“If your mortgage is paid off and you don’t have any loans, credit lines, large credit card balances or other debt, you won’t have to worry about making large payments during retirement,” Sarita Harbour writes.
Take this quick quiz to find out if you’re psychologically ready to retire.
How did you know you were ready to retire? Send your comments to email@example.com. Please include your name, city and state. Put “Ready for retirement” in the subject line.
Retirement rants and raves
I’m interested in your experiences or concerns about retirement or aging. What do you like about retirement? What came as a surprise.
If you haven’t retired, what concerns you financially? You can rant or rave. This space is yours. It’s a chance for you to express what’s on your mind. Send your comments to firstname.lastname@example.org. Please include your name, city and state. In the subject line put “Retirement Rants and Raves.”
In last week’s retirement newsletter, I wanted to hear from married couples on how they managed the decision of when to retire. And, for couples already retired, I wanted to know what has their relationship been like since retiring.
Read the column: Can retirement ruin your marriage?
Amy Roberts from Fresno, Calif., wrote, “We retired together and have been extremely happy with that decision! It’s given us the opportunity to jump into travel, home projects and spur of the moment activities together instead of one of us feeling left out of the fun or the frustration of having to wait to enjoy this graduation to a new lifestyle! Despite being five years younger than my husband, it never occurred to us that I would continue working; we wanted to jump into this next phase of life together since there’s no guarantee how long our health will hold out to enjoy travel and other activities we want to share. We are so grateful that we were financially able to take this step together. We’ve lived this new lifestyle for almost 2 years and it’s been wonderful!”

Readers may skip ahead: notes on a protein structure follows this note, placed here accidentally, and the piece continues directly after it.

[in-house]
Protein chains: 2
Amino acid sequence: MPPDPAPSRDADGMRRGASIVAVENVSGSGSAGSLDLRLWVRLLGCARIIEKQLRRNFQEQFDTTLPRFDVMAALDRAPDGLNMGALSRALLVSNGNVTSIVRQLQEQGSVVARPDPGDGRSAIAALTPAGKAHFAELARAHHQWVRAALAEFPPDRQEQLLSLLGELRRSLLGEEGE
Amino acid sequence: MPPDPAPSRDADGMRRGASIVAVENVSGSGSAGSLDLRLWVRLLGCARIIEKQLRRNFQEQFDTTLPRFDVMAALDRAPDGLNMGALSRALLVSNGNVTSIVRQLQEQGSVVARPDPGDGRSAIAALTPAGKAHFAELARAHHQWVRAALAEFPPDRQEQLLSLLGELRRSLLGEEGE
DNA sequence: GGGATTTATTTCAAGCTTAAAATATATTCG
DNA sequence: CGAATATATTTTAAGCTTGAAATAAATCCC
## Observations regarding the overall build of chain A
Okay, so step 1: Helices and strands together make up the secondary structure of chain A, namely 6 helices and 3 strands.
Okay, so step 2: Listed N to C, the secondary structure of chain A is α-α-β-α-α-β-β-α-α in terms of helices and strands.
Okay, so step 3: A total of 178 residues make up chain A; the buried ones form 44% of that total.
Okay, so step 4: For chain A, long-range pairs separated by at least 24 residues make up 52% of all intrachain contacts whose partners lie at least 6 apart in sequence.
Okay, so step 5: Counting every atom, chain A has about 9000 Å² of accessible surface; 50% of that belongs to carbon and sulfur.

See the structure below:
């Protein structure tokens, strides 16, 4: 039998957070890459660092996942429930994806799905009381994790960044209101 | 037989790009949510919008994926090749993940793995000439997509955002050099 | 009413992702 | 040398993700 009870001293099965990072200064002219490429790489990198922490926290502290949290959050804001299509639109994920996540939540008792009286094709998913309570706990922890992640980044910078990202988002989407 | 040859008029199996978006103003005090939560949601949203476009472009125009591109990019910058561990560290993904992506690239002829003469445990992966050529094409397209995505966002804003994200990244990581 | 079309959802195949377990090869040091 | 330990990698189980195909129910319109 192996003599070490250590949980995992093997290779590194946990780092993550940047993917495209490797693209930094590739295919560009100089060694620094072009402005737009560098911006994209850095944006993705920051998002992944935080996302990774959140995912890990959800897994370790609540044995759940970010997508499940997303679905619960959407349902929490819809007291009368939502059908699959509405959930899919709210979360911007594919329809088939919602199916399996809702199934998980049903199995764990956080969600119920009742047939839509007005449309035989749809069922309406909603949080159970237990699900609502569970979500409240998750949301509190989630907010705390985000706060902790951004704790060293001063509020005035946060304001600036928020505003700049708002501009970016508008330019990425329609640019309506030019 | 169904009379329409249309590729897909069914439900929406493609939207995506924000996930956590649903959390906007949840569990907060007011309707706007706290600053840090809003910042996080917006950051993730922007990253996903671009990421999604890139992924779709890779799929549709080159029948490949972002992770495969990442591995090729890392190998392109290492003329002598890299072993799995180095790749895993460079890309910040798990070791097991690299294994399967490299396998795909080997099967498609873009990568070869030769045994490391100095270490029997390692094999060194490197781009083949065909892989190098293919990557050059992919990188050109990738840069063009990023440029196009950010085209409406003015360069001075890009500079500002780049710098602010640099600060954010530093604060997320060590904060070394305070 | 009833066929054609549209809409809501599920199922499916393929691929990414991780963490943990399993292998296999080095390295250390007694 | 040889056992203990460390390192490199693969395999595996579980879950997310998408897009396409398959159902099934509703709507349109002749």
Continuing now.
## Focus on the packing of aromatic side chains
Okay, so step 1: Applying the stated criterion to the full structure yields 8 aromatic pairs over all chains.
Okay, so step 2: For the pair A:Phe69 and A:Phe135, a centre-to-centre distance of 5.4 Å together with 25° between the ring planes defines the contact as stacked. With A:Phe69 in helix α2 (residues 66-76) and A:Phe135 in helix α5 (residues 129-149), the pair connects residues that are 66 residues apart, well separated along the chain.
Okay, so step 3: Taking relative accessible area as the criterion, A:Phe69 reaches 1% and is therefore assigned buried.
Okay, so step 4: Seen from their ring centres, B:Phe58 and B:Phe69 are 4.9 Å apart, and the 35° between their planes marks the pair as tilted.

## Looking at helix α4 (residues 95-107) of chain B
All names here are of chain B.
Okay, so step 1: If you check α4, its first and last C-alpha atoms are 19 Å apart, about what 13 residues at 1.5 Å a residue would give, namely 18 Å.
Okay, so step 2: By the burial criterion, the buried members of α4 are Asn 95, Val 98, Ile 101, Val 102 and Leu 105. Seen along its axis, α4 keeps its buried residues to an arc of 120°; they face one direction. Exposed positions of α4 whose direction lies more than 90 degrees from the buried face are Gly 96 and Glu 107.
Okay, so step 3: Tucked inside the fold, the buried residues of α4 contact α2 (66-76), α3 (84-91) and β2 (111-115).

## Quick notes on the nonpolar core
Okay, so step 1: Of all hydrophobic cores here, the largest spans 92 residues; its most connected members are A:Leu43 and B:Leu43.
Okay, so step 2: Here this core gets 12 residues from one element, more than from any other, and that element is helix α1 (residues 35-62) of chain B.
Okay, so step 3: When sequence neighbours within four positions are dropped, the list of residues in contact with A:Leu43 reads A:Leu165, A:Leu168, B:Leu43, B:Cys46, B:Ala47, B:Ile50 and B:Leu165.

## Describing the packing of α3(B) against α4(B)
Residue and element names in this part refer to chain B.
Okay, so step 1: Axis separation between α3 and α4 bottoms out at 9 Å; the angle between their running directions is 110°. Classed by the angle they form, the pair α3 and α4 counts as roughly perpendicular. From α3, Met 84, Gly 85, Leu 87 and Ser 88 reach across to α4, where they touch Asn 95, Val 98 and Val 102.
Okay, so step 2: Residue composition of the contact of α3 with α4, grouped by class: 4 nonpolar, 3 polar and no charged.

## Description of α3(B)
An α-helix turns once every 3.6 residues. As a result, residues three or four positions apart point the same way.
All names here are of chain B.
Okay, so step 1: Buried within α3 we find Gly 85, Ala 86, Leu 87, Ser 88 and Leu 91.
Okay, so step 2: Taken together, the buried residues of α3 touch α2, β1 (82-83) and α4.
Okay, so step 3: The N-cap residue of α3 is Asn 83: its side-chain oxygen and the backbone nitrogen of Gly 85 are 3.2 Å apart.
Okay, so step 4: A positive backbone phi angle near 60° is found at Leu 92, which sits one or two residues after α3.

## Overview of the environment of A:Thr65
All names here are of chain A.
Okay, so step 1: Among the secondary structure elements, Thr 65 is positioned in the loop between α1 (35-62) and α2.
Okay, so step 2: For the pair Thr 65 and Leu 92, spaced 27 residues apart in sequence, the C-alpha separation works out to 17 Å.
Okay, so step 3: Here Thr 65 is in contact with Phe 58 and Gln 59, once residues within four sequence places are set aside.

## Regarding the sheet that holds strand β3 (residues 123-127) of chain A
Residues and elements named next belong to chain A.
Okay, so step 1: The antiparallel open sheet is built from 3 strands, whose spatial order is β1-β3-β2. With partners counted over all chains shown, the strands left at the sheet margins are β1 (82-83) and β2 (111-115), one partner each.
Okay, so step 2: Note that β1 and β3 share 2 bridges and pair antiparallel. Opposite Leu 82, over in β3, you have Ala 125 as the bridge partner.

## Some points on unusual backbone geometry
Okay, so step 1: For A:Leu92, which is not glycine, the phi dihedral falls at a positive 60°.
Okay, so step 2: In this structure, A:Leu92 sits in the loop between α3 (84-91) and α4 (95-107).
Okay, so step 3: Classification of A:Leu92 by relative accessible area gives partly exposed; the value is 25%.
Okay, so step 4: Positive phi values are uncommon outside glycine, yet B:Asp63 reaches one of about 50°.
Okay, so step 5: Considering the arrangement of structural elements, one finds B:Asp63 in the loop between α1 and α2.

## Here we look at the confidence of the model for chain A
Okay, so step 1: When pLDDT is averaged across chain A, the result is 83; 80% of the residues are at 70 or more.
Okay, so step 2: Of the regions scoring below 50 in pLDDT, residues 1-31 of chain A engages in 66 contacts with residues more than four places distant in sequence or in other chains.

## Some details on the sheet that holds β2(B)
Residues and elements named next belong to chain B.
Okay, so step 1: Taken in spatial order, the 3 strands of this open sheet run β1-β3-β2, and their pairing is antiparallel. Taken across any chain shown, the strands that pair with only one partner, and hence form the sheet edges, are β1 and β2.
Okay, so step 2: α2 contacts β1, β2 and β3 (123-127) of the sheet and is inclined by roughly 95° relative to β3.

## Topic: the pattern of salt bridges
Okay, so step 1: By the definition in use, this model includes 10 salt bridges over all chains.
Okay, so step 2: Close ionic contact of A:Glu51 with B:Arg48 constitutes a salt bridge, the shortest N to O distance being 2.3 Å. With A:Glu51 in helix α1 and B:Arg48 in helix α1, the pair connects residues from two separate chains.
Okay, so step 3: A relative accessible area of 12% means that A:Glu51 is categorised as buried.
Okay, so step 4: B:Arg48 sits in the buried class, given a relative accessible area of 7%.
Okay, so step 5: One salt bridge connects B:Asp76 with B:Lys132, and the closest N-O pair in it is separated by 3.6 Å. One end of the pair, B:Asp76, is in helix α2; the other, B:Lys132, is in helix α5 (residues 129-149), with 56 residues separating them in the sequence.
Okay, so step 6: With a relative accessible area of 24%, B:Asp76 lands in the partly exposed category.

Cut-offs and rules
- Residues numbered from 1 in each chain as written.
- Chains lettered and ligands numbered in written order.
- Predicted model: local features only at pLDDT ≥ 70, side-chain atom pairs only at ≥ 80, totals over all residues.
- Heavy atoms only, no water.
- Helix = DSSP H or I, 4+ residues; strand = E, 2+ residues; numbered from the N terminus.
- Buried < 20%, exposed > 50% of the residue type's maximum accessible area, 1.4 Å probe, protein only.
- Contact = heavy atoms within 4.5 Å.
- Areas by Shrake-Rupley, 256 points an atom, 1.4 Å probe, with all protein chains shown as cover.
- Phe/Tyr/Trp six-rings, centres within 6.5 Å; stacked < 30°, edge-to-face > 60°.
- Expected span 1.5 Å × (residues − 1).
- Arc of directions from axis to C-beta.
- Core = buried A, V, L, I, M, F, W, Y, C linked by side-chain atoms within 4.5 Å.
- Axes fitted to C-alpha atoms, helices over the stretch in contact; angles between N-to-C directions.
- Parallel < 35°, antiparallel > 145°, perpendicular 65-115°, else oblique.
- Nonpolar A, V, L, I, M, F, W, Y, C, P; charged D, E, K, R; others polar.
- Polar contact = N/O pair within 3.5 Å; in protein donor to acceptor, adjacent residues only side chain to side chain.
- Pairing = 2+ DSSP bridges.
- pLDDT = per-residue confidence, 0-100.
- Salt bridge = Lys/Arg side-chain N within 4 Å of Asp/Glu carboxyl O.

Joe Closs of McKinney, Tex., wrote, “My 60 plus-year-old wife receives her Master’s in Library Science degree this week, the happy end of a journey spanning decades. She has no wish to retire. She thoroughly enjoys her position as a children’s librarian. On the other hand, my mother-in-law moved in with us last year after a fall that rendered her a bit less mobile. As I had been pondering retirement for quite a while, I took this opportunity to retire and take care of her. Not that she needs much help at this point, just looking ahead. Fortunately, we have the financial resources to support such action. Did we have several discussions before embarking on this course of action? Absolutely.”